The last days of Moses were poignant. He knew his life’s work would not result in his leading the people in their onward journey to the Promised Land. He brought them to the point at which his mission, his life’s purpose, could move forward to develop further without him, or not. He had a vision of this future, but he knew he would never reach it himself. We can almost feel his heaviness.
Do you remember the story of Avram, the young man on his epic journey? Lech-l’cha, God says to him. Not just “go” but “go for yourself”. In other words, have the courage to do this, knowing in your own heart it is the right thing to do. Well, here is another instance where God gives a similar kind of instruction, this time to Moses. In Numbers 27:18 God tells him “kach-l’cha” – not just “take” but “take for yourself”. This time he is referring to the appointment of Joshua, a man with spirit, to be his successor. Moses is instructed to lay his hand on him, giving him the first s’micha!! How did Moses know that Joshua would be the right person to take over?
There is a lovely Midrash – a rabbinic story – around our topic. It is in the book Sifré to D’varim. Rabbi Nathan said: Moses was saddened by the fact that one of his own sons had not been appointed leader. So the Holy One said to him: “Why are you saddened about this? Aren’t your brother Aaron’s sons like your own? The man [Joshua] whom I have appointed will still have to stand humbly at his door” (he being Aaron’s son El’azar, who was High Priest). So Moses gained strength from this and he called Joshua and said to him in front of all the people, “Be strong and of good courage”. And his advice? Don’t treat the people harshly. They are like children. Even God hasn’t dealt harshly with them. Be kind.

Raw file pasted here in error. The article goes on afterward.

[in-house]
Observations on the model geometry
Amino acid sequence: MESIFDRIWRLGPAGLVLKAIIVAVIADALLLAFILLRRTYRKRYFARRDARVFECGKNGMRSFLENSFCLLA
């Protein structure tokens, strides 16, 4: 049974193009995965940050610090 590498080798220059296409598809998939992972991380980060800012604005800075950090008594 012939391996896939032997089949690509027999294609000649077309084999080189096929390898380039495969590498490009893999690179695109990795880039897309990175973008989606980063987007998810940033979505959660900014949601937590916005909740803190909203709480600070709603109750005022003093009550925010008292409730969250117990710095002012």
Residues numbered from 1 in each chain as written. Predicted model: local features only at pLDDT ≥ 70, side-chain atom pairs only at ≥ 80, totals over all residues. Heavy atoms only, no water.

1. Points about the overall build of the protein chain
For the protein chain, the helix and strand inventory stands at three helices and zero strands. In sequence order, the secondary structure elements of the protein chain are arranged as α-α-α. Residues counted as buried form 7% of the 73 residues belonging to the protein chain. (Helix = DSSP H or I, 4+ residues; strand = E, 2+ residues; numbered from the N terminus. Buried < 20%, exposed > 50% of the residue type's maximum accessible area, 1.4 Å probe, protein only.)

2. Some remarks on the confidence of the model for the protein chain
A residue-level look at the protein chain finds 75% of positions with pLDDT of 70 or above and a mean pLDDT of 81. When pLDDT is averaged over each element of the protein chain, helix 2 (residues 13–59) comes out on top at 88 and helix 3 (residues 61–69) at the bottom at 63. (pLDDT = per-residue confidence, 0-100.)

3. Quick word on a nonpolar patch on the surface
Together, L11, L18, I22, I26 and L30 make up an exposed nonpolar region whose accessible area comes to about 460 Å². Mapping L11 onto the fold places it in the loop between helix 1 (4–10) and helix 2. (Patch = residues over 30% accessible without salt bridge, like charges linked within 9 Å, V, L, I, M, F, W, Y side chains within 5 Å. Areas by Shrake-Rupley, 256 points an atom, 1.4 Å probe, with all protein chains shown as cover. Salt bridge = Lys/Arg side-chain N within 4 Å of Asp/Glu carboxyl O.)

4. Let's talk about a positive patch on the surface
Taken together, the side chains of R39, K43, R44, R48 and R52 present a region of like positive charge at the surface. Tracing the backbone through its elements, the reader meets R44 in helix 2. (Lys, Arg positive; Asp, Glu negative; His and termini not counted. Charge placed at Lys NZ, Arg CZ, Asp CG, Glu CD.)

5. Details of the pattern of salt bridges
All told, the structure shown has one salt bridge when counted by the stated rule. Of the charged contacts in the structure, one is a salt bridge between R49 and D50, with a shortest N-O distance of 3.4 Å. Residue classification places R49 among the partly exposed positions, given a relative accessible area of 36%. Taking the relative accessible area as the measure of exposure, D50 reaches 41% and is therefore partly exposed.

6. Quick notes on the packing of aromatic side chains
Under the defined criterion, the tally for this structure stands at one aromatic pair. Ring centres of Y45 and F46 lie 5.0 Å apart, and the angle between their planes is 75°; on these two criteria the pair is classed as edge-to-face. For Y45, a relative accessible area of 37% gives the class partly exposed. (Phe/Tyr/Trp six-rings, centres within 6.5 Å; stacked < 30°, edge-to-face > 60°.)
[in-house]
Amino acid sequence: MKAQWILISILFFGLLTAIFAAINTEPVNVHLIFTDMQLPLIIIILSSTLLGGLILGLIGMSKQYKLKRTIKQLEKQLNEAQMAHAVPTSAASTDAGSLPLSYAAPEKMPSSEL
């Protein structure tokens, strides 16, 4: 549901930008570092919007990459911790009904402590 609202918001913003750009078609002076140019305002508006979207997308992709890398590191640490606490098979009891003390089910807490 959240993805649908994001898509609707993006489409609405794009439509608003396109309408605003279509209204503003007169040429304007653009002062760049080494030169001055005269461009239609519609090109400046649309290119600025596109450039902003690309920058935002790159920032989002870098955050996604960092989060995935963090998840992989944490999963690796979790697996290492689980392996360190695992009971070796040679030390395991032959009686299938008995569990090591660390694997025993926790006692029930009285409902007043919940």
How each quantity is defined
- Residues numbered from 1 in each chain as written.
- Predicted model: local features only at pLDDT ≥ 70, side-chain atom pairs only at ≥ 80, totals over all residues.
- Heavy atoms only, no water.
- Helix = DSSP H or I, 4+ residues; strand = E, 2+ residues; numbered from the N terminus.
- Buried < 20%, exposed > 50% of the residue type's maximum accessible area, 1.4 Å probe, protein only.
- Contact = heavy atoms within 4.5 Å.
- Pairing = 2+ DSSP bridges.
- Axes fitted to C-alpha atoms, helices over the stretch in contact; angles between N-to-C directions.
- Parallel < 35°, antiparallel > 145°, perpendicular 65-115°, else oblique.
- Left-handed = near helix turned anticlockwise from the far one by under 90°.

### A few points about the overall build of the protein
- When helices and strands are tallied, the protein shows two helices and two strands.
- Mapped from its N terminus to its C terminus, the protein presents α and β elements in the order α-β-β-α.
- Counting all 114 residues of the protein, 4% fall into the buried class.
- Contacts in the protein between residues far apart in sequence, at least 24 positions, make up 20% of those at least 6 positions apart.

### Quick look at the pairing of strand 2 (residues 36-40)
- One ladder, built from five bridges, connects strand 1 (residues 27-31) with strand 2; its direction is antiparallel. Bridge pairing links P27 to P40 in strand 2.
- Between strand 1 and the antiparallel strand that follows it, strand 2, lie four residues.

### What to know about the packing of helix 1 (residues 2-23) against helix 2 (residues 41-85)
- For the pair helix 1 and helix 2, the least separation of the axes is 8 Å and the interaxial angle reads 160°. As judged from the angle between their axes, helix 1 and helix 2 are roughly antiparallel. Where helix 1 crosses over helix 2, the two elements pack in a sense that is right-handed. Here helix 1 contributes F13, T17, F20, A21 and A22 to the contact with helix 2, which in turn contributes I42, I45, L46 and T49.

Among people who have worked all their lives with a purpose, there are many who haven’t found a willing or competent successor, and they worry until they can worry no more. Will their mission continue? Who knows! If it is a cause that has become real to people, then it will. I remember Rabbi Dr Louis Jacobs, of blessed memory, quoting Victor Hugo: “Nothing?is as powerful as an?idea whose time has come.” Rabbi Jacobs pioneered non-fundamentalist traditional Judaism, Masorti, in this country and we are all, thankfully, part of its onward development. Its time was right and his leadership has led us all onward. Instead of one Joshua, many leaders have sprung up to continue the work.
We don’t always have the luxury of a Joshua, however hard we try to find one, but we must have courage and trust that something which is worthy of continuing after we have gone will, with God’s help, bear fruit. “Lo alecha hamlacha ligmor, v’lo atah ben chorin l’hivatel mimena” – “You are not expected to complete the task, but neither are you free to avoid it” (Rabbi Tarfon, Pirkei Avot 2:21).
And be kind!
Jaclyn Chernett is the Chazan of
Kol Nefesh Masorti Synagogue